Composer Louis Andriessen was born in Utrecht into a musical family headed by his father Hendrik Andriessen, one of the recognized pioneers of modern Dutch music. Louis Andriessen began his musical studies with his father, and then studied in The Hague with Kees van Baaren, and later in Milan with Luciano Berio. Early Andriessen works are serial, but by 1963 he was working with graphic notation, as in the piano piece Registers, using a combination of fixed and non-fixed elements to facilitate improvisation. In 1969, Andriessen participated in his first large-scale theatrical "happening," Reconstructie, at the Holland Festival in collaboration with Ton de Leeuw, Misha Mengelberg, Peter Schat, and Jan van Vlijmen. In 1970, Andriessen swore off writing music for standard symphonic ensembles for good, a decision that was to profoundly impact his development. For a time, he worked in electronic music; his first venture into theater on his own with Il Principe. Andriessen experienced a creative breakthrough in 1976, with De Staat, a large choral work based on Plato's Republic sung in the original Greek, combining ancient Greek scales, Stravinskyian rhythms, repetition, and hocket. De Staat earned Andriessen the coveted Kees van Baaren Prize, and since then he has garnered numerous awards, citations, and commissions. The unusual instrumentation of De Staat deserves mention: four women's voices, four oboes, four horns, four trumpets, four trombones, two electric guitars, bass guitar, two pianos, two harps, and four violas.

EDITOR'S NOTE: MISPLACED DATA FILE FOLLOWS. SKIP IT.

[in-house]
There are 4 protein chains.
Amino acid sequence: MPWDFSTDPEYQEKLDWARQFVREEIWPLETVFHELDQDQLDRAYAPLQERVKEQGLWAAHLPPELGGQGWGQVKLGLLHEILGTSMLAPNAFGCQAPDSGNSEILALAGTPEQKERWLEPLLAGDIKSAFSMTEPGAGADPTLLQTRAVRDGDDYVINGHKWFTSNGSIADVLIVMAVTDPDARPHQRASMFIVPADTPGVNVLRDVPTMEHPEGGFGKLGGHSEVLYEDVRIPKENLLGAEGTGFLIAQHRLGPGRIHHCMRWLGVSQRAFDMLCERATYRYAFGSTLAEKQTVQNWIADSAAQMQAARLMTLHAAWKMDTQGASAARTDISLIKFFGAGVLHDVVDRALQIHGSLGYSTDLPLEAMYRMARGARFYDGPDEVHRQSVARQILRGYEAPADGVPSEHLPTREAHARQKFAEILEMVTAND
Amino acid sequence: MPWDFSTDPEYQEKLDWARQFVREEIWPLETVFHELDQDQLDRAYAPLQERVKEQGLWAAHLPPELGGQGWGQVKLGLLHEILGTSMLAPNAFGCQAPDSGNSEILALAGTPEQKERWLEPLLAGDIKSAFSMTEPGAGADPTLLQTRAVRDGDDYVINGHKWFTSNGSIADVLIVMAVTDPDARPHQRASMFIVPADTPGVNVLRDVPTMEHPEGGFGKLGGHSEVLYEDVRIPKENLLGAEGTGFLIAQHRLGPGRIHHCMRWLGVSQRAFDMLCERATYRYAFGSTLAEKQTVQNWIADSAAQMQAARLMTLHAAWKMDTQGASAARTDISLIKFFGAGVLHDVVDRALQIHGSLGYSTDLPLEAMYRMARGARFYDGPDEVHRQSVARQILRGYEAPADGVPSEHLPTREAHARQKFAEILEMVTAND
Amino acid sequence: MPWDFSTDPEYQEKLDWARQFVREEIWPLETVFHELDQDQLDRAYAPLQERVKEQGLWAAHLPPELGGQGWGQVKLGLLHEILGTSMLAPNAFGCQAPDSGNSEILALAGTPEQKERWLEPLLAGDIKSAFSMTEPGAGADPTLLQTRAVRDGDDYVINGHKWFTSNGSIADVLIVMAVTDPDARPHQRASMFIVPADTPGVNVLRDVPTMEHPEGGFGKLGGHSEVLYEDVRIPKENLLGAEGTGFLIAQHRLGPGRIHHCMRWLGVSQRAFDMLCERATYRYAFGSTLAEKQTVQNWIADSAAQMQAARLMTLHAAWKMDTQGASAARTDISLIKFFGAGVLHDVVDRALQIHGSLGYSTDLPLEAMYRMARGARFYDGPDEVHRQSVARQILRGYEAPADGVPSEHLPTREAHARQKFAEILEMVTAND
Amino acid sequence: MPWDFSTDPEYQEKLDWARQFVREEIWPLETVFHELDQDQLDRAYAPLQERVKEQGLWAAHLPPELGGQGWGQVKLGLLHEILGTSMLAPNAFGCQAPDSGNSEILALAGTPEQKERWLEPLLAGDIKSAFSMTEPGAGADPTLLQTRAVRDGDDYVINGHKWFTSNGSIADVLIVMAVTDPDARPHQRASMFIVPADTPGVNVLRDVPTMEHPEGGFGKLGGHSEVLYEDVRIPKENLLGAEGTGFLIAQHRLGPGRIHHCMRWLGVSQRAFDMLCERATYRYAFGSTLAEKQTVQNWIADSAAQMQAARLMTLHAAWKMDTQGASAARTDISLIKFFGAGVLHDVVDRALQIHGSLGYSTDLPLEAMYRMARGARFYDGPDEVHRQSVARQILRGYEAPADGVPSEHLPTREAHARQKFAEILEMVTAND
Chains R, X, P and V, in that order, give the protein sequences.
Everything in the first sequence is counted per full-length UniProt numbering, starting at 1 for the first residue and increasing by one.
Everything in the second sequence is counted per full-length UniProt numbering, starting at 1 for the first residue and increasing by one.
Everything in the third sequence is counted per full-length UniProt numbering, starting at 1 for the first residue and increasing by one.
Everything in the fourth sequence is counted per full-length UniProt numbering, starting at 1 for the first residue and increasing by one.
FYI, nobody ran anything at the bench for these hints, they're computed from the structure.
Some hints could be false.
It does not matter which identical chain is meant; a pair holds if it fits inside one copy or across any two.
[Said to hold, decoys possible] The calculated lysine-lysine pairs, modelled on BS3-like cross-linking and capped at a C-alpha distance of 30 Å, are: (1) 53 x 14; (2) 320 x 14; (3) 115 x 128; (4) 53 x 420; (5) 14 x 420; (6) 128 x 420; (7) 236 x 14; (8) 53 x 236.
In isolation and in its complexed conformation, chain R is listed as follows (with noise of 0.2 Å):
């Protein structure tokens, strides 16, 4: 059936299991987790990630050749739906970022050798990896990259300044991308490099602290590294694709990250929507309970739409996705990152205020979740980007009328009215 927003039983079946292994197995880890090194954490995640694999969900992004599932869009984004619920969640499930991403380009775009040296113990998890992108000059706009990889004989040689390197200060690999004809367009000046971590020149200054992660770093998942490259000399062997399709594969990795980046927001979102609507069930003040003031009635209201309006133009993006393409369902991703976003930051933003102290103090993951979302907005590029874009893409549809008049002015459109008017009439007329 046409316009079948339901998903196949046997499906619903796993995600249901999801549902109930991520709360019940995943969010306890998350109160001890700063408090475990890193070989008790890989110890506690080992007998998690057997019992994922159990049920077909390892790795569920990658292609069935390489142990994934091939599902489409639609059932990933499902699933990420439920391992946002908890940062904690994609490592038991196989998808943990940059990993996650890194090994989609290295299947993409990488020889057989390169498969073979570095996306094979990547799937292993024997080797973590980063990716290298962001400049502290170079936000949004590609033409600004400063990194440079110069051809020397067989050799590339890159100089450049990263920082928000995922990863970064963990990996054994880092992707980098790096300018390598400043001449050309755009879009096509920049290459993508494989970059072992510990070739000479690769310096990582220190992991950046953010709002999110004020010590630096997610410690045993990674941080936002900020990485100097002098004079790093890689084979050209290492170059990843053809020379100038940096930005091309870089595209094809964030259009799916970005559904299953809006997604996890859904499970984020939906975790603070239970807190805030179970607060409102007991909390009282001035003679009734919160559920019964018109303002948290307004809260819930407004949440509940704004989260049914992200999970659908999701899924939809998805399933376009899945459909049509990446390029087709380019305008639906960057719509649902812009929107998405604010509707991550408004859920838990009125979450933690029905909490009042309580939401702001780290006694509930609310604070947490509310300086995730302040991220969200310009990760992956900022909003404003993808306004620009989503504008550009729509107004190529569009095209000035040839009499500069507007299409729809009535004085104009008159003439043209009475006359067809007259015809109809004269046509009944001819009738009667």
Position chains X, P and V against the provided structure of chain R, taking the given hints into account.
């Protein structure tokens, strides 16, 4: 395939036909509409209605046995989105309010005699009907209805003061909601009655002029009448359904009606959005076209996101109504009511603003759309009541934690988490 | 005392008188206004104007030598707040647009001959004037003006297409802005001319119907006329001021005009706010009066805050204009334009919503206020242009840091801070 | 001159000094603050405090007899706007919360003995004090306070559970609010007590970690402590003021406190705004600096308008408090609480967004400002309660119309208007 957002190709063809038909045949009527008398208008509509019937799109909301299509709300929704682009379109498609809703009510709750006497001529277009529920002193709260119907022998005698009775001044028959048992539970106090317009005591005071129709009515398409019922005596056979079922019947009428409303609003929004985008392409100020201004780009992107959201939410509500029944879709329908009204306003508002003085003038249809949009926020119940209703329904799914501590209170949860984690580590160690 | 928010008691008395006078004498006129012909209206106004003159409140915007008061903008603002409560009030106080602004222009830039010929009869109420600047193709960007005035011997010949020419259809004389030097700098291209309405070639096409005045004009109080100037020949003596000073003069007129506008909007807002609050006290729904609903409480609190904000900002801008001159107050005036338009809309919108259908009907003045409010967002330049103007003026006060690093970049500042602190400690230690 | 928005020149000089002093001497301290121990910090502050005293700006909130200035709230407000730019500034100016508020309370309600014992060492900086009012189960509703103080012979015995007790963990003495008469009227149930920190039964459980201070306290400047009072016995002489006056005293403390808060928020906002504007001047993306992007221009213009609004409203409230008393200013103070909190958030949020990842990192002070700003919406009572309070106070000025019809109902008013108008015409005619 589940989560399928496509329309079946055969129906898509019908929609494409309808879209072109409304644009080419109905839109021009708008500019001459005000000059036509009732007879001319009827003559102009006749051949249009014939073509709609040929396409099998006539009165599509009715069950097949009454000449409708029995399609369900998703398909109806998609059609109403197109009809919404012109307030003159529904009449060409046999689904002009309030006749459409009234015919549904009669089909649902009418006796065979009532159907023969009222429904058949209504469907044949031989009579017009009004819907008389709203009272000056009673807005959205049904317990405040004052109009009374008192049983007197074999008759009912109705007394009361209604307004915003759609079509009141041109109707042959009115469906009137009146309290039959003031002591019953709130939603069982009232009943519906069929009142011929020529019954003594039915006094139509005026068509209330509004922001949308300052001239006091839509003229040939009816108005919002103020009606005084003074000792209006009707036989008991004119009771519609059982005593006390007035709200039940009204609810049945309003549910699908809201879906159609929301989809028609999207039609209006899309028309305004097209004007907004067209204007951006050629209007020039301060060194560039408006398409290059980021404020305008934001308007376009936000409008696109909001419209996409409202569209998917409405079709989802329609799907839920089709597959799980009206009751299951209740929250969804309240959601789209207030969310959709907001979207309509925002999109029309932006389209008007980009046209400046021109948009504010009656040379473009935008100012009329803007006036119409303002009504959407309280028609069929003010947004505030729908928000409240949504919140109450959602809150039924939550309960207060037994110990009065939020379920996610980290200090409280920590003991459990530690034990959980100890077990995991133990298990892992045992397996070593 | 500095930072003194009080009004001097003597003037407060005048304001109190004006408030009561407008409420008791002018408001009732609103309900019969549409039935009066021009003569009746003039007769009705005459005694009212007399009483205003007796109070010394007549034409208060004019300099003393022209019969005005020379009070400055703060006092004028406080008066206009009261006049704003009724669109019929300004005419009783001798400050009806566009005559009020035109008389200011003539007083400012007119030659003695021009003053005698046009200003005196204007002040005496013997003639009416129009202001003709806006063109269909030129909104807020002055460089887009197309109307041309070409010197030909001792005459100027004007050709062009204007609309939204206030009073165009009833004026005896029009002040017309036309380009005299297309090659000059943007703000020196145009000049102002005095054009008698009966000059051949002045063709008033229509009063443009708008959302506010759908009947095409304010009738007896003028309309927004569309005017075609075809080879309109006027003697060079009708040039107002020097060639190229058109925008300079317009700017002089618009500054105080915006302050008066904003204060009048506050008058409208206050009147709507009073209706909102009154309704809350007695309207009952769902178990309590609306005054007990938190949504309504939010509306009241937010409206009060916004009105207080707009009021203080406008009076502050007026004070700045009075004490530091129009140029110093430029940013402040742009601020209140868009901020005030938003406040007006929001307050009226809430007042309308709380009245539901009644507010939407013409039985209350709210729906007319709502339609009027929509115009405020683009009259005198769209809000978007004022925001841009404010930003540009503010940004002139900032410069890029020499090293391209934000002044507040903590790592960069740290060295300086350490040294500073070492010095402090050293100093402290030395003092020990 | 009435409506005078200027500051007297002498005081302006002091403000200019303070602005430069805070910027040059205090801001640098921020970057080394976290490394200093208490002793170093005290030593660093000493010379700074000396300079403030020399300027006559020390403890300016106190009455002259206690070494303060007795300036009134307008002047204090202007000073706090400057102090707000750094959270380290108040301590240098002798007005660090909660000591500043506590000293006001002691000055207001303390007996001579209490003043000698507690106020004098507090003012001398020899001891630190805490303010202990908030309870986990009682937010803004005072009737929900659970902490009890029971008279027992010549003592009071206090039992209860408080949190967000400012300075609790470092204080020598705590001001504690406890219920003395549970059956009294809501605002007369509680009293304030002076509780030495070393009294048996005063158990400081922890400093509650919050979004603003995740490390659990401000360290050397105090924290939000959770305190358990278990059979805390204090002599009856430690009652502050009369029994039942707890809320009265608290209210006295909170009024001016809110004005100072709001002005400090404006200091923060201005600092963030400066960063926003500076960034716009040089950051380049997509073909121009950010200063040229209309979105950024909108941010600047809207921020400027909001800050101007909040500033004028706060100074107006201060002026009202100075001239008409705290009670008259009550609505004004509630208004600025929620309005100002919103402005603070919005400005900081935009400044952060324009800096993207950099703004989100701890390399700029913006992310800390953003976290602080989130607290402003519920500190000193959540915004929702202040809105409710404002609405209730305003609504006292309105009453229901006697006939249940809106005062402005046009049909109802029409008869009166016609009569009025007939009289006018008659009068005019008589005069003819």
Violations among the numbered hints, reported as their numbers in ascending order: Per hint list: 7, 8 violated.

"All that whining about textural sonorous fields and special instrumental effects bores me," Andriessen has said. "Instrumentation must correspond to the structure of the music." Andriessen often uses rock instruments, such as electric guitar, bass, and synthesizer to augment his ensembles. Andriessen also composes music designed to challenge the talents of specific performers; Forget-Me-Not requires an oboist to also play piano, and in TAO there is a part for a pianist who speaks and also plays the koto. Andriessen is regarded to some extent as an ensemble builder; Orkest de Volharding is a group he formed to play the same-named Andriessen work, and the ensemble came together afterward to program and commission other repertoire. In the United States, performing groups such as the California Ear Unit and Bang On A Can have eagerly programmed and recorded Andriessen works such as Workers Union and Hoketus. Younger composers view the work of Andriessen as an alternative to academic serialism and American minimalism, and aspiring composers from many nations have come to Holland to study with him at the Royal Conservatory at The Hague. After De Staat, Andriessen's major works have included De Tijd, Facing Death for the Kronos Quartet, and Trilogy of the Last Day. He collaborated with stage director Robert Wilson on the four-part De Materie in 1989. In the 1990s, a fruitful collaboration with film director Peter Greenaway led to several works, including the films M is for Man, Music, Mozart; Rosa: The Death of a Composer; and the opera Writing to Vermeer, which premiered in 1999. Sometimes didactic in his defense of his progressive political views, Andriessen is nevertheless far from humorless. His penetrating insight as an essayist on topics such as Stravinsky may be read in his book The Apollonian Clockwork, published in 1989. Andriessen has said "I don't feel comfortable with composers like Schoenberg who always push ahead in one direction. I prefer the jacks-of-all-trades: the Purcells and Stravinskys, who are at home anywhere, borrowing here, and stealing there." His popularity with young listeners and presence on the scene has provided an unprecedented boost to the prominence of contemporary Dutch music throughout the world.